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Anatomy and Physiology: Skeletal System- Facial Bones

1. Bone: Maxillae Features: Two maxillae form the upper jaw and meet each other at a mid-sagittal suture. The maxillae form the lower part of the orbits Function: The maxillae are the bones into which upper teeth are attached. Also each maxilla contains a maxillary sinus that drains fluid into the nasal cavity. The bones form the floor of the nose, protect the face and support the orbits. 2. Bone: Palatine Features: The palatine bones are small L-shaped bones and they form the posterior portion of the hard palette. Each palatine bone touches six other facial bones, namely the ethmoid, the sphenoid, the maxilla, the inferior nasal concha, the vomer, and the other palatine. Function: It forms the roof of the mouth. The palette allows for breathing to take place during chewing. The bones form the roof of the mouth and the floor of the eye socket and protect the organs within the region. 3. The mandible Features: It is the largest and strongest facial bone and it forms the lower jaw of the human skull. The sections of the mandible bone are the body (curves horizontal portion), the two rami ( perpendicular portions), the alveolar process, the condyle, and the coronoid process. Function: This bone provides support to the lower part of the face and holds the lower teeth in place. It allows for movement of the mouth and articulates with the temporal bones. The inferior alveolar nerve which runs the mandibular foreman provides sensation to the teeth. 4. The zygomatic bone Features: The zygomatic consists of and articulates with four borders namely orbital, maxillary, temporal border, and zygomatic. Functions: Forms the prominences of the cheeks and part of the lateral wall and floor of each orbits. 5. The lacrimal bone Features: The lacrimal bones are thin and resembles fingernails in shape and size. They are the smallest bones of the face and are posterior and lateral to the nasal bone. It is located in (and forms part of) the medial wall of the orbit. It is the smallest bone of the face. Each lacrimal bone touches four bones: the frontal, the ethmoid, the maxilla, and the inferior nasal concha.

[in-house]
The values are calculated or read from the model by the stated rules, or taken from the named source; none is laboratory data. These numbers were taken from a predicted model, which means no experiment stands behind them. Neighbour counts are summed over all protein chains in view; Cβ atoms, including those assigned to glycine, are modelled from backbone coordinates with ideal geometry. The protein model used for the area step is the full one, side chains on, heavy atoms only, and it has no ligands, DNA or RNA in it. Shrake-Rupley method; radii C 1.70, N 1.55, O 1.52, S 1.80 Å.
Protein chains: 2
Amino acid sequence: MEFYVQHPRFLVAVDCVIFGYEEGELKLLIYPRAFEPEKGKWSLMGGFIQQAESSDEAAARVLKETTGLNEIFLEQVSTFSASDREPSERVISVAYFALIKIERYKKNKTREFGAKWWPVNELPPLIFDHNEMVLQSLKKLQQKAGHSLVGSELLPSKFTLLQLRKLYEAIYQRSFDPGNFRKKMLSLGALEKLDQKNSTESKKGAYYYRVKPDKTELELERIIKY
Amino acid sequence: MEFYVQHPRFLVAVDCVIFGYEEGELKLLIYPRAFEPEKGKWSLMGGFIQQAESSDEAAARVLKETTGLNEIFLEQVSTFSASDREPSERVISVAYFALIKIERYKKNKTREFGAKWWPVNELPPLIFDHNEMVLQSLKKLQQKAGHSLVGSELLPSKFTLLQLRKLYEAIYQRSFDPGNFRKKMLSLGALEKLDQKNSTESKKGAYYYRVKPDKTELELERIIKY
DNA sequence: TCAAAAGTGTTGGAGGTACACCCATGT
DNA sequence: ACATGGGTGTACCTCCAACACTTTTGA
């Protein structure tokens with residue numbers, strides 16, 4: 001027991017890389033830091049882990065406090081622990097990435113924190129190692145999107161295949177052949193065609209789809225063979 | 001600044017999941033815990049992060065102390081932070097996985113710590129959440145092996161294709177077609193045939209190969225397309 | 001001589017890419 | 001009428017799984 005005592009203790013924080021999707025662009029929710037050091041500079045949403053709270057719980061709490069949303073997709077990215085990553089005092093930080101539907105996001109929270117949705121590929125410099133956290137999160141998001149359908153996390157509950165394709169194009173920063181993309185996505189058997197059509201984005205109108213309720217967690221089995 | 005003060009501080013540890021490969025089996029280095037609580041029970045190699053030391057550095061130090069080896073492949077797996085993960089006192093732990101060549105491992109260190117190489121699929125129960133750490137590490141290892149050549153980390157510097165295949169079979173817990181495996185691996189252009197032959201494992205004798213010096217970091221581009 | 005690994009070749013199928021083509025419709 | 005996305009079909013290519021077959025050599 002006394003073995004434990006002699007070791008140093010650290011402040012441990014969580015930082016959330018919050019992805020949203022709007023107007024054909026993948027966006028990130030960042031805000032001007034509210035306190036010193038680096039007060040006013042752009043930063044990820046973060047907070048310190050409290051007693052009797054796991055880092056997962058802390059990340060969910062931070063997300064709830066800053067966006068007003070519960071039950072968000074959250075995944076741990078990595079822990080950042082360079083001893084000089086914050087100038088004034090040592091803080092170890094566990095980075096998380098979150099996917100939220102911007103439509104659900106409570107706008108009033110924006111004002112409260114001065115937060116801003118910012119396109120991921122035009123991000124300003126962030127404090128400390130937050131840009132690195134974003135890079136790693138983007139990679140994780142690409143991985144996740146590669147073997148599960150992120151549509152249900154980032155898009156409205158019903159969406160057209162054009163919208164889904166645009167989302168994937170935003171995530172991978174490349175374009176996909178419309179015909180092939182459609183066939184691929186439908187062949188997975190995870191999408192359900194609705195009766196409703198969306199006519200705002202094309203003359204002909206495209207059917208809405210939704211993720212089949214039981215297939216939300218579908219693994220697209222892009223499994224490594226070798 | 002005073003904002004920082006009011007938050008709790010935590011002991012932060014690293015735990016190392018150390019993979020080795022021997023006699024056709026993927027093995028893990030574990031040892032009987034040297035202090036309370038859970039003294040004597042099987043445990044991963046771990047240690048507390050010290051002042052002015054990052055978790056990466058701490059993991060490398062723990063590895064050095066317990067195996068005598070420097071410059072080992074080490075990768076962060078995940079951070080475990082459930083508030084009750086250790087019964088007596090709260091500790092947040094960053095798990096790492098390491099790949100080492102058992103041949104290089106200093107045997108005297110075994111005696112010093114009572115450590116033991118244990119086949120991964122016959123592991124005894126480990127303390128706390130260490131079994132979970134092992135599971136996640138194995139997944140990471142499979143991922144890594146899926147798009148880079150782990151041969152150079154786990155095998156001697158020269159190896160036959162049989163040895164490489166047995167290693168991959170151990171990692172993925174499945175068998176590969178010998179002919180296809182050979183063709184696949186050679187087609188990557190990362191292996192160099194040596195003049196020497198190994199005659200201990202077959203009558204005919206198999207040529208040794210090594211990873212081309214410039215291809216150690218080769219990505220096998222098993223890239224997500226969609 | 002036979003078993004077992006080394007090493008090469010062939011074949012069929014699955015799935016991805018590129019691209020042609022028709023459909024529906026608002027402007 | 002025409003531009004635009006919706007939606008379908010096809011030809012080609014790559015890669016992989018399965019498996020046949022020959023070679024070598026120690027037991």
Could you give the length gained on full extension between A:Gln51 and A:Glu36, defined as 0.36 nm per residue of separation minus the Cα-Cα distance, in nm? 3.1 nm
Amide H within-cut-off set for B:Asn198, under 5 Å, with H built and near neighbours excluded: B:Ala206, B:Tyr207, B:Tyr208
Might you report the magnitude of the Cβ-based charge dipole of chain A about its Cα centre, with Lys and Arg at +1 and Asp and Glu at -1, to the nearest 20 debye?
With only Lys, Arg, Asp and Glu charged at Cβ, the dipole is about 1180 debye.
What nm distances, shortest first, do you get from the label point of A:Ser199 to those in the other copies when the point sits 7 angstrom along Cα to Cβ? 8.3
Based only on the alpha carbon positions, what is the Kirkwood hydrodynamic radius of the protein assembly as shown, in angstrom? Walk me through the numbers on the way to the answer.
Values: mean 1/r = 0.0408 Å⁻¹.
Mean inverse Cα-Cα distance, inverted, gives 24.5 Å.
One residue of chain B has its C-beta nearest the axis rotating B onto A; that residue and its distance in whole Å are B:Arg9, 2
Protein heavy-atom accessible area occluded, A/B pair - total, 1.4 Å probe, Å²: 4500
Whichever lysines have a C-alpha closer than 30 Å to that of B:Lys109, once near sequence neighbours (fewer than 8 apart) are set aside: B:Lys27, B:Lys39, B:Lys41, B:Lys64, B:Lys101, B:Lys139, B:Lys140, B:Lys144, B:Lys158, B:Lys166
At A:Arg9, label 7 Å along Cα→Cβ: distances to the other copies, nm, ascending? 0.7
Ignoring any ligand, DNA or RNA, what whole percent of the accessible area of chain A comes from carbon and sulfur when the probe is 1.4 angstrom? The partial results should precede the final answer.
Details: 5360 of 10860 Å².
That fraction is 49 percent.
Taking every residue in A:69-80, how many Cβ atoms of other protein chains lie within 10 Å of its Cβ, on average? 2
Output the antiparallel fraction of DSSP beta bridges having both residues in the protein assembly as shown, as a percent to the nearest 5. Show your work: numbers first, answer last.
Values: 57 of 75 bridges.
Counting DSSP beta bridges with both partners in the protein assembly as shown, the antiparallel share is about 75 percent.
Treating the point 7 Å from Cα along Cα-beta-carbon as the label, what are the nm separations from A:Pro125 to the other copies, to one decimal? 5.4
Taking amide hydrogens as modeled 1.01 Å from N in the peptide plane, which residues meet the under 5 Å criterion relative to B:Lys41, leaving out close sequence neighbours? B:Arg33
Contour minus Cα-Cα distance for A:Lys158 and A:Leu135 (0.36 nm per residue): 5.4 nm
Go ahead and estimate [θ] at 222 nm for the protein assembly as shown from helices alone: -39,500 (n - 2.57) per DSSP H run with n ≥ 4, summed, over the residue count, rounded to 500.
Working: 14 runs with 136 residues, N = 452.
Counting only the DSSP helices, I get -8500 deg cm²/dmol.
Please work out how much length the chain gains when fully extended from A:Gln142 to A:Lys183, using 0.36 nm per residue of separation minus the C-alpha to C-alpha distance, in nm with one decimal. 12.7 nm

Functions: The lacrimal bones each contain a lacrimal fossa, a vertical tunnel formed with the maxilla, that houses the lacrimal sac, a structure that gathers tears and passes them into the nasal cavity.

6. Nasal Bone Features: The nasal bone is a pair of small, flattened, rectangular-shaped bones, which forms the bridge of the nose. The major part of this bone is made up of cartilage Functions: In addition to forming a bridge for eye glasses, these small bones protect the upper entry to the nasal cavity and provide attachment for a couple of thin muscles of facial expression. 7. Vomer Features: The vomer is a thin, quadrilateral-shaped bone located at the base of the nasal cavity, that articulates superiorly with the perpendicular plate of the ethmoid bone and sphenoid bone and inferiorly with both the maxillae and palatine bones along the midline. Forms bony part of the inferior nasal septum. Functions:

8. Inferior nasal conchae Features: The inferior nasal conchae consist of two paired bones, each individually known as a nasal concha or turbinate
bone. Each nasal concha or turbinate is made of spongy bone that curls on itself. The nasal conchae form part of the inferior lateral wall of the nasal cavity. This pair of horizontal bones project into the nasal cavity.

Functions: All three pairs of nasal conchae (superior, middle, and inferior) increase the surface area of the nasal cavity and help swirl and filter air before it passes into the lungs. The superior nasal conchae of the ethmoid bone are involved in the sense of smell.